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A collection of photography and exploration focusing on Upstate South Carolina and beyond.
About a decade ago I needed a place to store my fledgling kayak collection. I had three kayaks and a canoe that needed to be stored somewhere. I put together a small rack that held the boats quite nicely.
Over the years the small rack just couldn’t cut it. First, it was getting weak. I hadn’t braced it like it should have been. Secondly, it was in the wrong place. I had put it on the middle level of our yard so that I could take the boats down to our lake, or pull them up when we were going elsewhere. Turns out it was inconvenient for both situations. Our little lake has become almost unpaddleable, so most of the trips were away somewhere.
Finally, I had exceeded the capacity of the rack with the number of kayaks I’d accumulated in that time. I needed a place to safely story nine kayaks and one canoe. A new kayak condo was necessary.
I looked online for plans and finally found an A-frame plan that might be doable. The plan calls for using sawhorse brackets to create the A-frame. However, I was going to change the plan from the one in the link to increase the storage capacity. I would use longer cross pieces and angle them upward slightly. Here’s what my plan looked like.
Here’s what I would need:
If I was lucky, I wouldn’t have to saw anything. I don’t pretend to be a carpenter, and the idea of woodwork sends me into conniptions. Still, I was determined to give it a try.
On Friday I gathered my materials and started construction. The problem with this design is that the way the sawhorse brackets attach, I couldn’t put together the end pieces, then stand everything upright. I found I could get the correct angle by leaning the boards against the truck.
I think started bracing things beginning with one side piece. Once I had it braced I stood everything up.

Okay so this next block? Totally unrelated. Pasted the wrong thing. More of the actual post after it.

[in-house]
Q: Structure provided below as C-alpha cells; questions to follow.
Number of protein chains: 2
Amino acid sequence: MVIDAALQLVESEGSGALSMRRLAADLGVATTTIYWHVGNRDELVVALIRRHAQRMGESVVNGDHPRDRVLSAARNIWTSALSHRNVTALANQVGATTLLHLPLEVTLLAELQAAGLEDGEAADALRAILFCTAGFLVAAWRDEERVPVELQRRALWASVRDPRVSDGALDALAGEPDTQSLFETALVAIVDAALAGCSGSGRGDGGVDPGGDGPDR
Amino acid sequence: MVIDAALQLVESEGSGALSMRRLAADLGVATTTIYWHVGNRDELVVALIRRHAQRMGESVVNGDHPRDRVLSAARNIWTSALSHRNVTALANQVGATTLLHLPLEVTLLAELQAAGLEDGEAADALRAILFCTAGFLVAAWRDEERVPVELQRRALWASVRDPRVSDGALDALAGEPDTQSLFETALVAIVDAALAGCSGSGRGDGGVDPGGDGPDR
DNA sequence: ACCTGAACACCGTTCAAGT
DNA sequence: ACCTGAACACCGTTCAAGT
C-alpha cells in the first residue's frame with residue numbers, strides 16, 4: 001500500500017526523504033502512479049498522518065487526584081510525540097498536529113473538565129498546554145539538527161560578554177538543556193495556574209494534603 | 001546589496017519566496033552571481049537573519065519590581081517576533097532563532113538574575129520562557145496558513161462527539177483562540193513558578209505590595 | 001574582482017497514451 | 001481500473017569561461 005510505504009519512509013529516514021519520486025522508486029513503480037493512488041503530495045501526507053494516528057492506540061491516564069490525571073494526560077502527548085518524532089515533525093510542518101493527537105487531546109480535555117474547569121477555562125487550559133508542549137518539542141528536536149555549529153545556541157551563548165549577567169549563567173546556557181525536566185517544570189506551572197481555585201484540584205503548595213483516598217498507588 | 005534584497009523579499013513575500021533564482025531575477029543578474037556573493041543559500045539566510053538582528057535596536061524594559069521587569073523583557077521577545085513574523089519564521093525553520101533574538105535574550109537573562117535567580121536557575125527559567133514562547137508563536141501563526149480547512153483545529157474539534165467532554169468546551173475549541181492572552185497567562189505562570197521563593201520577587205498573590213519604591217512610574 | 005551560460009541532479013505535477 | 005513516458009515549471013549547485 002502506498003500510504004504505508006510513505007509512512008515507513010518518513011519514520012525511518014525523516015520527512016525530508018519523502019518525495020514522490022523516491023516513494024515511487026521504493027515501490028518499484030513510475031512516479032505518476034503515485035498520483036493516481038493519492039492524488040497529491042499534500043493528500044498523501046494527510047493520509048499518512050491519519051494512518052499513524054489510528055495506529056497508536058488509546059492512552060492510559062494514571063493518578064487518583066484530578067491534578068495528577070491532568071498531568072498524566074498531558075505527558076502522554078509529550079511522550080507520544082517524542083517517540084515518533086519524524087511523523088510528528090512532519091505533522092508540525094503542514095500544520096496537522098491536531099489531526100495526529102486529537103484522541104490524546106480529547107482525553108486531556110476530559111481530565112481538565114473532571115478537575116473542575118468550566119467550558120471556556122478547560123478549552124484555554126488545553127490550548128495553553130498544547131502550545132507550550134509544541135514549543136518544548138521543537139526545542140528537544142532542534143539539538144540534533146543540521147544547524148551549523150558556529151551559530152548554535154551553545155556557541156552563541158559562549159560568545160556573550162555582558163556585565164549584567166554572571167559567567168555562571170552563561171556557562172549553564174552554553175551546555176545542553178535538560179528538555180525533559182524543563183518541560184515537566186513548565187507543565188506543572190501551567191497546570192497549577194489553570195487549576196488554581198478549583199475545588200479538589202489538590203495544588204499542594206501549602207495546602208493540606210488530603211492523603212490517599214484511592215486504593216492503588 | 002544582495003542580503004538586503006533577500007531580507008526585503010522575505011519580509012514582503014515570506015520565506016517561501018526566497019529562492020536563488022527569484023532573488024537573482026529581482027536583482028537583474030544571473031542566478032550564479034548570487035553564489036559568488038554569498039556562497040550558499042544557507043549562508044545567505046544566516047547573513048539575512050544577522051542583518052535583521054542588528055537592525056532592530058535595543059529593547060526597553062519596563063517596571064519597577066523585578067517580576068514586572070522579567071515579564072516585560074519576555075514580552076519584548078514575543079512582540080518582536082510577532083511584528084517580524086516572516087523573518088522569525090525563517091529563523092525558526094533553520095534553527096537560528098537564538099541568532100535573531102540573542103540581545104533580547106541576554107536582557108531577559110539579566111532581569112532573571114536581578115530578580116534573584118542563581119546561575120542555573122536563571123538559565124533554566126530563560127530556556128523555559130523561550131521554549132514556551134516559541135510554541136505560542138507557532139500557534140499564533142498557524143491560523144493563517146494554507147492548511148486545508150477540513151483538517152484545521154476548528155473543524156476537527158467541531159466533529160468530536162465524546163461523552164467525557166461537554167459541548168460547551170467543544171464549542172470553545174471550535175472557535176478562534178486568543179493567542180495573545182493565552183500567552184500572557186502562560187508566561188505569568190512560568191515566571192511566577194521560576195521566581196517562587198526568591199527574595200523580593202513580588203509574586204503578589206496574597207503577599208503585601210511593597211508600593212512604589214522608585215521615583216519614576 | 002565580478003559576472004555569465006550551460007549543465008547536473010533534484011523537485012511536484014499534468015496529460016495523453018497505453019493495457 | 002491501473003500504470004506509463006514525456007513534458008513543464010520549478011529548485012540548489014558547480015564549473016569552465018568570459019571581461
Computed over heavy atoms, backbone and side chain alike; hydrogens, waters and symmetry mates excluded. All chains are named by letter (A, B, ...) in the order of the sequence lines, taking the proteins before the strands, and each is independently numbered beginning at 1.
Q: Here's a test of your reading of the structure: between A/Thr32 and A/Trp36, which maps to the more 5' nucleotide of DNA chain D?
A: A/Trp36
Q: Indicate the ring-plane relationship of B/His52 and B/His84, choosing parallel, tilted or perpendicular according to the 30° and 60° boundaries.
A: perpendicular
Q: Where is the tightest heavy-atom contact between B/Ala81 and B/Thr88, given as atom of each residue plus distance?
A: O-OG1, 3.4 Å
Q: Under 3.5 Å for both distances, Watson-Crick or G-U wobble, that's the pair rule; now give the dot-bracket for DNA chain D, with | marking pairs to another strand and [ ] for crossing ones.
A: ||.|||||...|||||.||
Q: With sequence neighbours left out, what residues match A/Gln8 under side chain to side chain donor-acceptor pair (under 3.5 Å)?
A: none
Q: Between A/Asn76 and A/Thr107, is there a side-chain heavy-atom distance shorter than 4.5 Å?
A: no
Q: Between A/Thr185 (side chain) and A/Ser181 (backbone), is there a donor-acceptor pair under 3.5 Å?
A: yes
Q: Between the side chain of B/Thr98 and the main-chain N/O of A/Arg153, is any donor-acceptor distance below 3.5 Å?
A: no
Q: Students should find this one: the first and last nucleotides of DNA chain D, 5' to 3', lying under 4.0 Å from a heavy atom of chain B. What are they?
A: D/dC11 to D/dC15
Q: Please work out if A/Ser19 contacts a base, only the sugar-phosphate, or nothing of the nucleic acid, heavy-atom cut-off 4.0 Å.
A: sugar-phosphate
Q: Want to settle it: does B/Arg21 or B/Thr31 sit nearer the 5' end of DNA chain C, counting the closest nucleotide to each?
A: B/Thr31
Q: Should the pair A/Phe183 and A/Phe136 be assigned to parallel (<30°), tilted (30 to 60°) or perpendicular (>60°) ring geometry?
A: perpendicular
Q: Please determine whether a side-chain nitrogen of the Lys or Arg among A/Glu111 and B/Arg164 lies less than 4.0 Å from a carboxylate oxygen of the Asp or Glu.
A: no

Just as I tried to attach the last side brace, the whole thing torqued to the right and collapsed. I was left with a pile of lumber and a 4 inch gash in the door panel of my Subaru where the wood hit it.
This was getting expensive. After contacting my insurance company I decided to look into alternatives. There were several pre-constructed solutions that I could buy for much less than my deductible.
Saturday rolls around, and I decide to try again with my original plan, but with one significant change. Laura would be there to help and hold things. I was able to salvage everything, including the sawhorse brackets.
I put three nails into the upper sawhorse brackets instead of the one allowed by the holes in the bracket. That meant drilling a couple more holes, but it also meant the rig wouldn’t torque as it did previously. I also added a thin metal strap on either side to brace things until I could get it stabilized better. This time, it held.
We realized we would have to move this thing, and it was already quite heavy. We managed to get it into place without it collapsing. Weight was a concern, so I decided to modify the design a bit. Instead of using two 2X4s on each side, I went with just one board at each level.
It was plenty of room. The new kayak condo holds five boats with no problem, nine if I turn them on their sides. The new condo is stable, and looks like it’s going to be perfect.